Abstract: Could offensive cyber operations provide strategic value? If so, how and under what conditions? While a growing number of states are said to be interested in developing offensive cyber capabilities, there is a sense that state leaders and policy makers still do not have a strong conception of its strategic advantages and limitations. This article finds that offensive cyber operations could provide significant strategic value to state-actors. The availability of offensive cyber capabilities expands the options available to state leaders across a wide range of situations.

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Journal Article

François Diaz-Maurin, François Diaz-Maurin
Bulletin of the Atomic Scientists , 2018

Abstrac: The failure of experts and lay people to understand each other has been fueling conflict around the environmental clean-up of the many sites in the United States that are contaminated by the nuclear weapons program. This mutual distrust was exacerbated by the culture of secrecy surrounding the atomic weapons program during World War II, and later by the innate culture of bureaucracy in the federal agencies that have sprung up since then.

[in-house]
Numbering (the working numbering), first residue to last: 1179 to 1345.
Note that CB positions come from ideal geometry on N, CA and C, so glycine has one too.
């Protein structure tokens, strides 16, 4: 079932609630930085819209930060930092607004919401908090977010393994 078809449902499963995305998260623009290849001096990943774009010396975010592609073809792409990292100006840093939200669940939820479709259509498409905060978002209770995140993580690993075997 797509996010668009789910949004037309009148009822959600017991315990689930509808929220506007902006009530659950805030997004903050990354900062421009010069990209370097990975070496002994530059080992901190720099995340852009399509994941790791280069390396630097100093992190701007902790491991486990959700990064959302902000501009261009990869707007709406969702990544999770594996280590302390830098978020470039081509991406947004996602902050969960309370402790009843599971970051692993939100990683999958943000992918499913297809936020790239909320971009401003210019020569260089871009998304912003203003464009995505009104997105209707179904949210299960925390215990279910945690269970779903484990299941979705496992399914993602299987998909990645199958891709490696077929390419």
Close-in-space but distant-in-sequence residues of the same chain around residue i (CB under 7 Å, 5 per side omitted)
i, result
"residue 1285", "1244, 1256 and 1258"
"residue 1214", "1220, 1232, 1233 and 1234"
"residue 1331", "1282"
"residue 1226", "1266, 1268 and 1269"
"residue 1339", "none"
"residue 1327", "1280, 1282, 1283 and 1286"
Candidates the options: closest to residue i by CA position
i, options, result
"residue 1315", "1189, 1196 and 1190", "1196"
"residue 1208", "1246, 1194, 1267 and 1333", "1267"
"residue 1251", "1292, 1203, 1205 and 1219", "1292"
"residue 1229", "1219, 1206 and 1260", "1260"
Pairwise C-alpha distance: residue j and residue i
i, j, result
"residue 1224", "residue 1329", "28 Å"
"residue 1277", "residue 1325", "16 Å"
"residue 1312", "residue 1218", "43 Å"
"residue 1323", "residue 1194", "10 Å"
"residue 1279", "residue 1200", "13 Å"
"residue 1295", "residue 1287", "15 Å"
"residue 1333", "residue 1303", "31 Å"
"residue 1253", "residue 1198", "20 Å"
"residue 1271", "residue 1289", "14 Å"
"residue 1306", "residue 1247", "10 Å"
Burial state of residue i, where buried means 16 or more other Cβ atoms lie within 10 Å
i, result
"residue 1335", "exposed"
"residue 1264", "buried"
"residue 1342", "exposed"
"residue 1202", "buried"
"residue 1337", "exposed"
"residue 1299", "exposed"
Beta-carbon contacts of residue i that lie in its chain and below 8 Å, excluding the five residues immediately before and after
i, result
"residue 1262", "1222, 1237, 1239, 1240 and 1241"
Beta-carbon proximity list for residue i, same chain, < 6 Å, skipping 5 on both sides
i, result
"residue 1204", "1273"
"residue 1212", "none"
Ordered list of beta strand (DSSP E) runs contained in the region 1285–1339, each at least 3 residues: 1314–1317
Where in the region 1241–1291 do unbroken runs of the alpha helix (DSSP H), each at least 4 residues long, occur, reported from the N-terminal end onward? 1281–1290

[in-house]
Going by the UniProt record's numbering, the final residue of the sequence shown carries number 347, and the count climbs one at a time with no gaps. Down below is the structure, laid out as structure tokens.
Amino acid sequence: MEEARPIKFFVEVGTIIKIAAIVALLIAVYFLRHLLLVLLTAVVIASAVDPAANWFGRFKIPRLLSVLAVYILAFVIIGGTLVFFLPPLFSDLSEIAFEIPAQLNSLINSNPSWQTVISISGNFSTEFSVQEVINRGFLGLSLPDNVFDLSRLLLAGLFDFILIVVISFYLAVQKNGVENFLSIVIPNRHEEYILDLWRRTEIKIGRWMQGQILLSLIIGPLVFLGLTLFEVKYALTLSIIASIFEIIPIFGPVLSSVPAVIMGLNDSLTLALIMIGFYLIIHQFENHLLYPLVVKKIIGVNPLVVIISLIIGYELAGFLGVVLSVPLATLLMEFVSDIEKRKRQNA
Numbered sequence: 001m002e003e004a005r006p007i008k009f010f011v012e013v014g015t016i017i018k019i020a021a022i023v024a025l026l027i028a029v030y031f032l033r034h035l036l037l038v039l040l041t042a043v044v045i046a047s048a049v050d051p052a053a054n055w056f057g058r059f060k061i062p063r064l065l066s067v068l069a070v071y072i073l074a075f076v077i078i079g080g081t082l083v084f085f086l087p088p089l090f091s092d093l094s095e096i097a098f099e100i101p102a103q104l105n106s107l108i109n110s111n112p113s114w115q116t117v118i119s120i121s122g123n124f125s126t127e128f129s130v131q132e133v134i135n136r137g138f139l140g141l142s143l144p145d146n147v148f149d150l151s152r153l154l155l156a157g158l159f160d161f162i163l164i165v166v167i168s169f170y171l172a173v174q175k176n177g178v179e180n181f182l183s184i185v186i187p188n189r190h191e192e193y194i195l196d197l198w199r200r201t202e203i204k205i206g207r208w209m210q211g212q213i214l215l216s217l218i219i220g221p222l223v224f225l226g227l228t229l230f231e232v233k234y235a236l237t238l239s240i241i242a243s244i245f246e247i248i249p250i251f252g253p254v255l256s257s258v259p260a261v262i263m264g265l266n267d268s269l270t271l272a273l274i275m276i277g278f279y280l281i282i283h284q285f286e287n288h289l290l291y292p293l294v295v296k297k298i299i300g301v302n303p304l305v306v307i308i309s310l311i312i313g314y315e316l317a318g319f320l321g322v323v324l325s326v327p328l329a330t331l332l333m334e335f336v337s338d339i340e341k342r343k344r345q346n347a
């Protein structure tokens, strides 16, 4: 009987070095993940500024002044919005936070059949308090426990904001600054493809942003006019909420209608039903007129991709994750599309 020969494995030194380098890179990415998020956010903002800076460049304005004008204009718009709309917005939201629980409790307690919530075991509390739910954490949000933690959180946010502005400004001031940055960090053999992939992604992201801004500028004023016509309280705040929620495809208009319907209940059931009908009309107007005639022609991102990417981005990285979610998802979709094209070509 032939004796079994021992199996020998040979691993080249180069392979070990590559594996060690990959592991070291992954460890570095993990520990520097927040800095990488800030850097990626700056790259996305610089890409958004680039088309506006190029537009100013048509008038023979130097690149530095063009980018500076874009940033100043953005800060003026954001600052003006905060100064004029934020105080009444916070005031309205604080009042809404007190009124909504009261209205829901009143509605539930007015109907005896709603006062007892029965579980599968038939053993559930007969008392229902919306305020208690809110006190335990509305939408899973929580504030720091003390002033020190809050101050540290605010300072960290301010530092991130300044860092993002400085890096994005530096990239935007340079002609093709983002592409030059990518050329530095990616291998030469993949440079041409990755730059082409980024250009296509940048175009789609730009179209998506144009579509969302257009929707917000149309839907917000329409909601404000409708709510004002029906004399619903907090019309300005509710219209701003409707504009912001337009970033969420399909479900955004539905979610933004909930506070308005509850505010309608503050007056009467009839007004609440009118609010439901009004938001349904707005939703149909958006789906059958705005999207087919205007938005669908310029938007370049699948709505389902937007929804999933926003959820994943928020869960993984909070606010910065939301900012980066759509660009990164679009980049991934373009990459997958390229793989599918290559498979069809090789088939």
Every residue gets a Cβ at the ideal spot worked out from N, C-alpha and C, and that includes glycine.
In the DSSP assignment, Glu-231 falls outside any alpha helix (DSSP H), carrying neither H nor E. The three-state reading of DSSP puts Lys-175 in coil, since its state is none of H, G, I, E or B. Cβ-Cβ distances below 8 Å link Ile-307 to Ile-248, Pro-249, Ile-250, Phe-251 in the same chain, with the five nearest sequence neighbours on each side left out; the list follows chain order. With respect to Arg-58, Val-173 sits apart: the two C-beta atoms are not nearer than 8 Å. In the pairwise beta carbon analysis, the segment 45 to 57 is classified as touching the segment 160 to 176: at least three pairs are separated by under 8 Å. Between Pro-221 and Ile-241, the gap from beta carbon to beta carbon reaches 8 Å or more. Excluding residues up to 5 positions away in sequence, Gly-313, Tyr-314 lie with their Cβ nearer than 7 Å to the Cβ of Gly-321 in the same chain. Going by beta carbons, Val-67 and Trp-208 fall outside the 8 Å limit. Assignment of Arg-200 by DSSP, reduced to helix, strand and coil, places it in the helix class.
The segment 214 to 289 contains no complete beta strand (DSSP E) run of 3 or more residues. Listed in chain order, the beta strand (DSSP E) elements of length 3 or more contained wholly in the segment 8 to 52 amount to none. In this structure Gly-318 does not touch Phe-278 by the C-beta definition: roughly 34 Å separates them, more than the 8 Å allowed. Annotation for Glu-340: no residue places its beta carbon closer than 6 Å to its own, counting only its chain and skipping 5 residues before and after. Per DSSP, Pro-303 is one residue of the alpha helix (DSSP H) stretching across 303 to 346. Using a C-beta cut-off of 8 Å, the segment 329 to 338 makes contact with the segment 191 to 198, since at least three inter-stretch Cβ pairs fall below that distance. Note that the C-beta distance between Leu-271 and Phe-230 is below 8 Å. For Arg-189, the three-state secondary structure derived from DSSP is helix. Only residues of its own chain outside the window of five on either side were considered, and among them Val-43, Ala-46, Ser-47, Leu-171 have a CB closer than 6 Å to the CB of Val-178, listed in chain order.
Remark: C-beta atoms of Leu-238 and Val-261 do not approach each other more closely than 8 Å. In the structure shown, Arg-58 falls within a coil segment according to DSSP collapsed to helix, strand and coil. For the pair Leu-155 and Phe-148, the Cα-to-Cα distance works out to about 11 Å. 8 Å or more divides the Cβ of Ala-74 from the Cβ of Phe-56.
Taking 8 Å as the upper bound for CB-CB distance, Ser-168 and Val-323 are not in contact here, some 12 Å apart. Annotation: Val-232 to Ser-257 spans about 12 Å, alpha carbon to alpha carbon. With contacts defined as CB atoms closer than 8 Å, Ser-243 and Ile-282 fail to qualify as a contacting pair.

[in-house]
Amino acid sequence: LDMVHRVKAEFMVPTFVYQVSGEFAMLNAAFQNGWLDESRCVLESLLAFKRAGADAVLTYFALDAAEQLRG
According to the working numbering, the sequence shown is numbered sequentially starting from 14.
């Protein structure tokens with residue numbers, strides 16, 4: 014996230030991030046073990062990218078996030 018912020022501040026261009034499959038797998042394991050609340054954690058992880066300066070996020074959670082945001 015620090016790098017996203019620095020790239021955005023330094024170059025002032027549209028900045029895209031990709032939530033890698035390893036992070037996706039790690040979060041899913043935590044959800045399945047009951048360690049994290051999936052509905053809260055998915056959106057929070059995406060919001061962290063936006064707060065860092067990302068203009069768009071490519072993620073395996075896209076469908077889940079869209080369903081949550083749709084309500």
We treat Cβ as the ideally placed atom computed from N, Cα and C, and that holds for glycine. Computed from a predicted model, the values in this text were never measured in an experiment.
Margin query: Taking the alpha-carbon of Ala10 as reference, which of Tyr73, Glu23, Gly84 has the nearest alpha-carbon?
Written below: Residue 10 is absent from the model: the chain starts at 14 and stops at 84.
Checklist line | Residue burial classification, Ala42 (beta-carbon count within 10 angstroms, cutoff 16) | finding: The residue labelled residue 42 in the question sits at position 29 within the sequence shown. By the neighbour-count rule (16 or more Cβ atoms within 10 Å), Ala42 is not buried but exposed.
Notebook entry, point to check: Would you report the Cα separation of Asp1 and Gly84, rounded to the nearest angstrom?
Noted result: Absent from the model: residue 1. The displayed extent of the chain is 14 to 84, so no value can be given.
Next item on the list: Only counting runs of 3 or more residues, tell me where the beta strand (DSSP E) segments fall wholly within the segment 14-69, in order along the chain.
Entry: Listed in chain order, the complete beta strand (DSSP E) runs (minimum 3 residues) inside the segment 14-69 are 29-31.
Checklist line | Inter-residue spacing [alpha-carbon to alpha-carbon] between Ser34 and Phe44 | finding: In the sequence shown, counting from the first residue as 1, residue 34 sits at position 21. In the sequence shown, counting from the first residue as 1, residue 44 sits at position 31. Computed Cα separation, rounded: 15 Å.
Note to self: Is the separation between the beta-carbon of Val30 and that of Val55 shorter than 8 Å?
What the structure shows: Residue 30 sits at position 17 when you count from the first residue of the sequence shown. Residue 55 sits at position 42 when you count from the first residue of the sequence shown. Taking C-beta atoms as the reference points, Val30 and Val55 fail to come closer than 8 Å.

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Journal Article

François Diaz-Maurin, François Diaz-Maurin
Bulletin of the Atomic Scientists, 2018

Abstract: The failure of experts and lay people to understand each other has been fueling conflict around the environmental clean-up of the many sites in the United States that are contaminated by the nuclear weapons program. This mutual distrust was exacerbated by the culture of secrecy surrounding the atomic weapons program during World War II, and later by the innate culture of bureaucracy in the federal agencies that have sprung up since then.